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Clinical Case Challenge – Head Shaking & Ear Scratching
Murphy, a nine-year-old, male, castrated Golden Retriever presented to his referring veterinarian for shaking his head and scratching at his ears.

History

Murphy, a nine-year-old, male, castrated Golden Retriever presented to his referring veterinarian for shaking his head and scratching at his ears. On examination, his veterinarian found waxy exudate AU with moderate purulent discharge AD.  In addition, generalized lymphadenomegaly was noted.

 

LN measurement T zone

Enlarged mandibular lymph nodes

 

 

What are your differential diagnoses?

Rule out for enlarged peripheral lymph nodes, infections, hyperplasia from inflammation, or neoplasia, hyperplasia from inflammation, or neoplasia.

What would be your next steps?

 

Diagnostics

 

The veterinarian treated the otitis externa with Mometomax (gentamicin sulfate, mometasone furoate monohydrate and clotrimazole) and performed a CBC, chemistry profile, 4 DX and urinalysis and aspirated the mandibular and prescapular lymph nodes.

 

Diagnostic results

hand mirror cells labeledChemistry showed a mildly elevated GGT at 21 (range 0-13). Urinalysis showed a specific gravity of 1.042 with an inactive sediment. A peripheral lymphocytosis (8525) was noted on the CBC with the pathologist’s comment that the lymphocytes were small-to-intermediate in size and well-differentiated in appearance. The balance of the CBC was WNL.  The 4 Dx was negative.

Cytology of the lymph nodes showed a population of small to intermediate lymphocytes with cytoplasmic pseudopods known as “hand-mirror” morphology with a diagnosis of a possible small cell lymphoma/leukemia (see photo). Murphy was then referred to the Tufts Harrington Oncology Service for further evaluation.

Additional Diagnostics

On exam, the peripheral lymphadenopathy was confirmed and a CBC was repeated with results similar to what was found at Murphy’s primary care veterinarian.  After discussion with the owner, it was recommended that samples of the affected lymph nodes be taken for flow cytometry.  Flow cytometry utilizes specific immunohistochemical markers to better characterize lymphoid malignancies.  These markers can be very important for both prognosis and to determine recommended treatment options.

Flow cytometry requires a suspension of live cells in the sample for the flow cytometry to be diagnostic. The cells are passed through an electronic detection apparatus that sorts the cells based on size and various markers. Flow cytometry can be performed on whole blood in EDTA for leukemic samples and on a lymph node aspirates when multiple aspirate samples are placed in isotonic saline with 10% canine serum. Samples were obtained of Murphy’s lymph nodes and were positive CD3+ and CD 5+ with loss of CD 45. These results were diagnostic for a T zone lymphoma, a type of indolent T cell lymphoma.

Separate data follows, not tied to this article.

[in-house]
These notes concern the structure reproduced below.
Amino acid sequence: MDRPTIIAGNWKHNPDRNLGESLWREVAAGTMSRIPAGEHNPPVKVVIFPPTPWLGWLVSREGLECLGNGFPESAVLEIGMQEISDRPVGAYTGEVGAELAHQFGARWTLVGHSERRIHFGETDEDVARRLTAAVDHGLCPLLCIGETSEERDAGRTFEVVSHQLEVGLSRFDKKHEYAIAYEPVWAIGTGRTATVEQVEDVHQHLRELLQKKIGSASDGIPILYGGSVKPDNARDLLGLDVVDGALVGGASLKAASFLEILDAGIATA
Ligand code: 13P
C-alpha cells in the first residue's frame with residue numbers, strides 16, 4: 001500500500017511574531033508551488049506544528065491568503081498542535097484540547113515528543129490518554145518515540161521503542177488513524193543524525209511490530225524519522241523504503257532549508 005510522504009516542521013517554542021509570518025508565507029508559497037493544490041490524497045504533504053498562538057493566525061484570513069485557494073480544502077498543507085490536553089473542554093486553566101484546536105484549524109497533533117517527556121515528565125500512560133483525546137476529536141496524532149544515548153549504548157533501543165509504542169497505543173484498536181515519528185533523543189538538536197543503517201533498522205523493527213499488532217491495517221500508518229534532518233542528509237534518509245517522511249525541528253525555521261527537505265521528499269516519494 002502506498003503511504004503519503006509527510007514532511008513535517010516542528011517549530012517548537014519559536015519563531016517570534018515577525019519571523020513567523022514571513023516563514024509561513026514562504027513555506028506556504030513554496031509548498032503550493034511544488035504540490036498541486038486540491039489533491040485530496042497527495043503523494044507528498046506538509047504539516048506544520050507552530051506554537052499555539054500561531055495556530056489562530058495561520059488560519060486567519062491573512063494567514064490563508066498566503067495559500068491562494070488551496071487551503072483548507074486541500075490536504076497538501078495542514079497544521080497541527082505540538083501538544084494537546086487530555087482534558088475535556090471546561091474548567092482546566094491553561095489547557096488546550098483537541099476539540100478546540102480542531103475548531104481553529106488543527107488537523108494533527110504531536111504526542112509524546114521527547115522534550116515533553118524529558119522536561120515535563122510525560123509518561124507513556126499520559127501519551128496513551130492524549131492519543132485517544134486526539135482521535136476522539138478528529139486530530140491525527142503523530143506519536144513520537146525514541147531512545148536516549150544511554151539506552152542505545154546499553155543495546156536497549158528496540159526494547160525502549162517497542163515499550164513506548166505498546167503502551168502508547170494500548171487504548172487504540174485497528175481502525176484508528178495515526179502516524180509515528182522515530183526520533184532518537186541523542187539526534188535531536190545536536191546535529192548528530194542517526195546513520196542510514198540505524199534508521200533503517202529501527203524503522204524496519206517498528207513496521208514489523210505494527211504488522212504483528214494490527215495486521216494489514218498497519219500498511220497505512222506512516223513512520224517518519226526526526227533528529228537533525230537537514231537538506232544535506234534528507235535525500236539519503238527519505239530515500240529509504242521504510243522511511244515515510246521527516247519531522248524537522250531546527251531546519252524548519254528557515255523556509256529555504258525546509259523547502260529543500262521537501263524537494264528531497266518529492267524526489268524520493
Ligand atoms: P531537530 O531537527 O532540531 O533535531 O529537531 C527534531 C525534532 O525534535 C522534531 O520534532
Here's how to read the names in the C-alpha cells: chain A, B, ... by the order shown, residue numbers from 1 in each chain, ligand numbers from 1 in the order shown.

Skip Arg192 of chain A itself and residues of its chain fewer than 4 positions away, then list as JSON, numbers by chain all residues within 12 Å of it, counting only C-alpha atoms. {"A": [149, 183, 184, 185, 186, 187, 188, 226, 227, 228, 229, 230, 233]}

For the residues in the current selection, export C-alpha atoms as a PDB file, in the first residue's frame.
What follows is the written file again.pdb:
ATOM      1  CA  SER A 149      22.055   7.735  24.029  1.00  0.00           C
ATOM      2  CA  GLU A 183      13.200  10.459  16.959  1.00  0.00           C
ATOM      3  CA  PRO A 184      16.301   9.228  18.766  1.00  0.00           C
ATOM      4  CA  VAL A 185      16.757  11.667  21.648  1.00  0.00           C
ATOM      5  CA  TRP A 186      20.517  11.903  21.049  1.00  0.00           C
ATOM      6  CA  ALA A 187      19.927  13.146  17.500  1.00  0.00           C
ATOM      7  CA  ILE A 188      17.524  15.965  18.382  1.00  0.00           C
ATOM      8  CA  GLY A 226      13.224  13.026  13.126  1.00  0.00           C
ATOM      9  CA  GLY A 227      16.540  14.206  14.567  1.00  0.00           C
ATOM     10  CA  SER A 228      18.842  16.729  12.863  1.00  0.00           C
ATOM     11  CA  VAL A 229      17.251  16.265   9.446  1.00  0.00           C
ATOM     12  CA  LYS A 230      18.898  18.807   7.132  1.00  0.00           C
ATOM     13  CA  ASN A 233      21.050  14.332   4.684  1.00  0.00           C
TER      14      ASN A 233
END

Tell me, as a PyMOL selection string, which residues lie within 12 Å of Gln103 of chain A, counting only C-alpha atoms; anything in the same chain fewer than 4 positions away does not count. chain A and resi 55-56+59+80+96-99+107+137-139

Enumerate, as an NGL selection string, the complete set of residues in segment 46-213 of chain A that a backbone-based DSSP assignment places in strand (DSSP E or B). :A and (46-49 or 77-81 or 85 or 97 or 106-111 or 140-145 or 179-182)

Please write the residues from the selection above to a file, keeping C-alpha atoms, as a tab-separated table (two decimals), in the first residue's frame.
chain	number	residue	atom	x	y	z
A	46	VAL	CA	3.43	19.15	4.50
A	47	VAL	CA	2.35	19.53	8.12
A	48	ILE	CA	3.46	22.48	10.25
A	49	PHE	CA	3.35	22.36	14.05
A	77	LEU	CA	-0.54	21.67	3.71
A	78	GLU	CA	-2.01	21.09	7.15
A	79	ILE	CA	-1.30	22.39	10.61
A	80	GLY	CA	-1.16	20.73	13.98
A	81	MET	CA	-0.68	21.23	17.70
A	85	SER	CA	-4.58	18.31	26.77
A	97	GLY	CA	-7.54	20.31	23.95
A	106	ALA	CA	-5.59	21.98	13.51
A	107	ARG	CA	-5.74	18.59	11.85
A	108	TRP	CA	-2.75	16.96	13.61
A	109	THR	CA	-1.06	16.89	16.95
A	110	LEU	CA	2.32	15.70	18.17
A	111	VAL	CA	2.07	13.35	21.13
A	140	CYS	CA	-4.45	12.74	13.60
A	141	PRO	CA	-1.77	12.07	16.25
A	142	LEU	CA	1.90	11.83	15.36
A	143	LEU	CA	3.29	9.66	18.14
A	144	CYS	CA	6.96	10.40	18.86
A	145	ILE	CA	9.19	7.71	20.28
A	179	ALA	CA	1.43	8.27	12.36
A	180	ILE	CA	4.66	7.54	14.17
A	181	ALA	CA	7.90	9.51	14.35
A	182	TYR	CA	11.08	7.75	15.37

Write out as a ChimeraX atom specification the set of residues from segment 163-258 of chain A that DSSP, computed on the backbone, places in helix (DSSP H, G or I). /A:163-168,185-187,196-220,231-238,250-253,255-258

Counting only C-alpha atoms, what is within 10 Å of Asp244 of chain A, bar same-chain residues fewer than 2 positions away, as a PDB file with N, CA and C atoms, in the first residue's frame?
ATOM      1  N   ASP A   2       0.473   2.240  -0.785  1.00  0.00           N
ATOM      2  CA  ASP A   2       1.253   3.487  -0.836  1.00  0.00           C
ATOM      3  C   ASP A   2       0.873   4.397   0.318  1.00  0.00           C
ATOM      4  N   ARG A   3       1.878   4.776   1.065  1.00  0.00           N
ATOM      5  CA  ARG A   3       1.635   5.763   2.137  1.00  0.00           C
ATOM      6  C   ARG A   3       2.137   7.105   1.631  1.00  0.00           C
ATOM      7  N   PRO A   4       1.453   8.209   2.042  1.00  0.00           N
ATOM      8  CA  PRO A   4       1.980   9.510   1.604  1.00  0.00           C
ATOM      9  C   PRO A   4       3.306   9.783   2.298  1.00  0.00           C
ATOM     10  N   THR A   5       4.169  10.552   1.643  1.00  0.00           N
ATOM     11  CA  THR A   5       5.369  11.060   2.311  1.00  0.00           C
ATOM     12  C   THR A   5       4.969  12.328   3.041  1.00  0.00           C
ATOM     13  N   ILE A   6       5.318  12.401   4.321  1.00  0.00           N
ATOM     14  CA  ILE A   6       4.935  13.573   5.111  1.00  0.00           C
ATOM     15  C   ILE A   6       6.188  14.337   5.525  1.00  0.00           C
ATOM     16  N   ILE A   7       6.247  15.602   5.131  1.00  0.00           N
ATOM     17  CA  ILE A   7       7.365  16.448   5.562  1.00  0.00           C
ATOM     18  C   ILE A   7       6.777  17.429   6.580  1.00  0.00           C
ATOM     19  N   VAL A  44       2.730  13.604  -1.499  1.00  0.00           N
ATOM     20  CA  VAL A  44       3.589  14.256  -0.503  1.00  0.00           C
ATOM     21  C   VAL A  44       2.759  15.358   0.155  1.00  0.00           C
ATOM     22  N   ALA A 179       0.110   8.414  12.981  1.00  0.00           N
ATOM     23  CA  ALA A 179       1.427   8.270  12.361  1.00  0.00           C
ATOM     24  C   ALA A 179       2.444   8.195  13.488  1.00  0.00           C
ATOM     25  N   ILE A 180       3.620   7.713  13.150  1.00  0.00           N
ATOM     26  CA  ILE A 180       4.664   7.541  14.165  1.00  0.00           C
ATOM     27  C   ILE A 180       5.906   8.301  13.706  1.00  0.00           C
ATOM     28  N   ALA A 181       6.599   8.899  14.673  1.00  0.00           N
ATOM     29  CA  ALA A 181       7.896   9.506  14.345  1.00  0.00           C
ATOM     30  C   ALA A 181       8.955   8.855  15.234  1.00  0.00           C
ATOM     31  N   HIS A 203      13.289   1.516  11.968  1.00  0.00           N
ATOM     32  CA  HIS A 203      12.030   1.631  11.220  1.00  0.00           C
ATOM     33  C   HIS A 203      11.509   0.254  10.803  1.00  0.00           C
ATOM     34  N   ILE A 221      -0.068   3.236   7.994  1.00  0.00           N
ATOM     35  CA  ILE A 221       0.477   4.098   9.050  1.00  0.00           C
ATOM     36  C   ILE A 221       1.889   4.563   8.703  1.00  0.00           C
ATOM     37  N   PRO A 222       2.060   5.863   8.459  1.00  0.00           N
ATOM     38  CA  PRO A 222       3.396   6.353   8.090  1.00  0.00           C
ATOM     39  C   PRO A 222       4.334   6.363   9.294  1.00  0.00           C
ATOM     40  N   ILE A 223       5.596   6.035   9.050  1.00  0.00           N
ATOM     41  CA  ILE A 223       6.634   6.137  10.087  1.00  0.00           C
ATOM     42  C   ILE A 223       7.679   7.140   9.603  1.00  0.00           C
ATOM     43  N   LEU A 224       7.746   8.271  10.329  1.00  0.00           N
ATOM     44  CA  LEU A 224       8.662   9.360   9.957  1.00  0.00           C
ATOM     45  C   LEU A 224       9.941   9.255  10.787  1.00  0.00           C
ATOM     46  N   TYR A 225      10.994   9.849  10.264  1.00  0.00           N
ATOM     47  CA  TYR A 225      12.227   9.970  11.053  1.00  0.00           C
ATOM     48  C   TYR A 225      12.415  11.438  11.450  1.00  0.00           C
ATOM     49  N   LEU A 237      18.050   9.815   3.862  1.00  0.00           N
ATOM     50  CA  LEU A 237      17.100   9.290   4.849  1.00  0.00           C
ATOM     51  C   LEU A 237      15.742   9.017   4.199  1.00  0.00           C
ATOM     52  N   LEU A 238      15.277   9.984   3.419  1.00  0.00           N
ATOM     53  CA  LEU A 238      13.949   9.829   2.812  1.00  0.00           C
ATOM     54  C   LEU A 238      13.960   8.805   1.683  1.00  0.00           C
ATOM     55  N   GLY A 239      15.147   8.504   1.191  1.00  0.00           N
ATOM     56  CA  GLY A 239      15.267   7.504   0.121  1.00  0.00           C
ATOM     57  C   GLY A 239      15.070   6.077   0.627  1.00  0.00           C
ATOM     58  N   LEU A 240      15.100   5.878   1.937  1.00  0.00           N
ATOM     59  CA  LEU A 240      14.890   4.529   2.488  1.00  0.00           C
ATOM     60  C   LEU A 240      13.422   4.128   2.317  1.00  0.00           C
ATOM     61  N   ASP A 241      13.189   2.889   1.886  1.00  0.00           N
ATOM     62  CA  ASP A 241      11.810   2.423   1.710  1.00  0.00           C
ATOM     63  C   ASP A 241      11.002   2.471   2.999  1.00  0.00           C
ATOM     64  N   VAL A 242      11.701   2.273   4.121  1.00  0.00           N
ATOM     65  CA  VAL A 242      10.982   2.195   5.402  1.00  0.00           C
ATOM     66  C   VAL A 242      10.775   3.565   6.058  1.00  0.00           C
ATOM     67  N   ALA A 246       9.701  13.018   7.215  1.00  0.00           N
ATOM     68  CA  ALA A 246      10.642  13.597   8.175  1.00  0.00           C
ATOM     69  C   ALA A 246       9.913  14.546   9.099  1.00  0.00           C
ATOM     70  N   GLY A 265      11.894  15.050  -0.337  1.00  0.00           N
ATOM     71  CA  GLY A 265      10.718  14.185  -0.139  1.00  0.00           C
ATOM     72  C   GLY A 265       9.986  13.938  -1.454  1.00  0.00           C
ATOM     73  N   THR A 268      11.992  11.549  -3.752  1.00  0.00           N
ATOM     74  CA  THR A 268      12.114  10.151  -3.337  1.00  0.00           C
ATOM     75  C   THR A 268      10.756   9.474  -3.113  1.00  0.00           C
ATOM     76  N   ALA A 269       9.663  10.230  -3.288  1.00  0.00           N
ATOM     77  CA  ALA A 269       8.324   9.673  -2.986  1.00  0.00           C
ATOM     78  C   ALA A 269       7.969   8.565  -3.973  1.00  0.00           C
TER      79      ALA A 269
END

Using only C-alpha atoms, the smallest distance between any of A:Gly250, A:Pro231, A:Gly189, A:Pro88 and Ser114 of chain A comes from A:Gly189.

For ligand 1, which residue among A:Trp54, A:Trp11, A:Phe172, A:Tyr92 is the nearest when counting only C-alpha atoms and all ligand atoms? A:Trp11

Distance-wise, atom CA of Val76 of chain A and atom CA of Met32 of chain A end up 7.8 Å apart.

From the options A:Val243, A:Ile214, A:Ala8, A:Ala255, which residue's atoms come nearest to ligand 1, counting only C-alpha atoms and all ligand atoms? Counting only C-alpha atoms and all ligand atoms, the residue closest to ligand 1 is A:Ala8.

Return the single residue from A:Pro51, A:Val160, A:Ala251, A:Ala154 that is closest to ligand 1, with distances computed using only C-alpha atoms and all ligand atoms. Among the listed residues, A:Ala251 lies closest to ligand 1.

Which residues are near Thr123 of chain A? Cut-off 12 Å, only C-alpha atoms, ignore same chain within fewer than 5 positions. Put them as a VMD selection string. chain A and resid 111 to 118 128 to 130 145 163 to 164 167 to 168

Follow Up Recommendations and Prognosis

Lymphoma is the most common hematopoietic malignancy in the dog. It is estimated that as many as 20-25% of all lymphomas diagnosed in dogs are indolent in nature and the incidence may be even higher for leukemias. Indolent malignancies are characterized by slow growth and a prolonged clinical history and it is important to recognize this difference in clinical patients, as it can carry a substantially different prognosis. 

 

T zone lymphoma tends to carry a guarded to good prognosis. Monitoring is recommended with periodic complete blood counts and physical exams. Most patients diagnosed with an indolent lymphoid malignancy are nine to 12 years of age with no apparent sex predilection. Not all indolent lymphomas require treatment and some may be best managed with close monitoring and may not need cytotoxic chemotherapies. Median remission time for T zone lymphoma is reported as >1,000 days, with most pets not succumbing to their disease.

 

The main types of indolent lymphoid neoplasias are broken down by phenotype through immunohistochemistry and descriptive appearance on histopathology (see chart below). Use of flow cytometry or immunohistochemistry is vital in differentiating these types of lymphoma from their more aggressive counterparts.

 

A consultation with a veterinary oncologist and discussion with the owners of the risks and benefits of each specific case is recommended when a patient is diagnosed with an indolent form of lymphoma.

case challenge oncology graph

Selected References

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  2. Matini, V, et al. Vet Comp Oncol. 2015; S1, 117-125.
  3. Flood-Knapik KE, et al. Vet Comp Oncol. 2013; 11,272.
  4. Frantz AM, et al. Vet Pathol. 2013; 50,693.
  5. Brodsky EM, et al. J Vet Intern Med. 2009; 23:578.
  6. Rebhun RB, et al. Vet Comp Oncol. 2011; 9:38.
  7. Avery PR, et al. J Vet Intern Med. 2014; 28:878.
  8. Seelig DM, et al J Vet Intern Med. 2014; 28:535.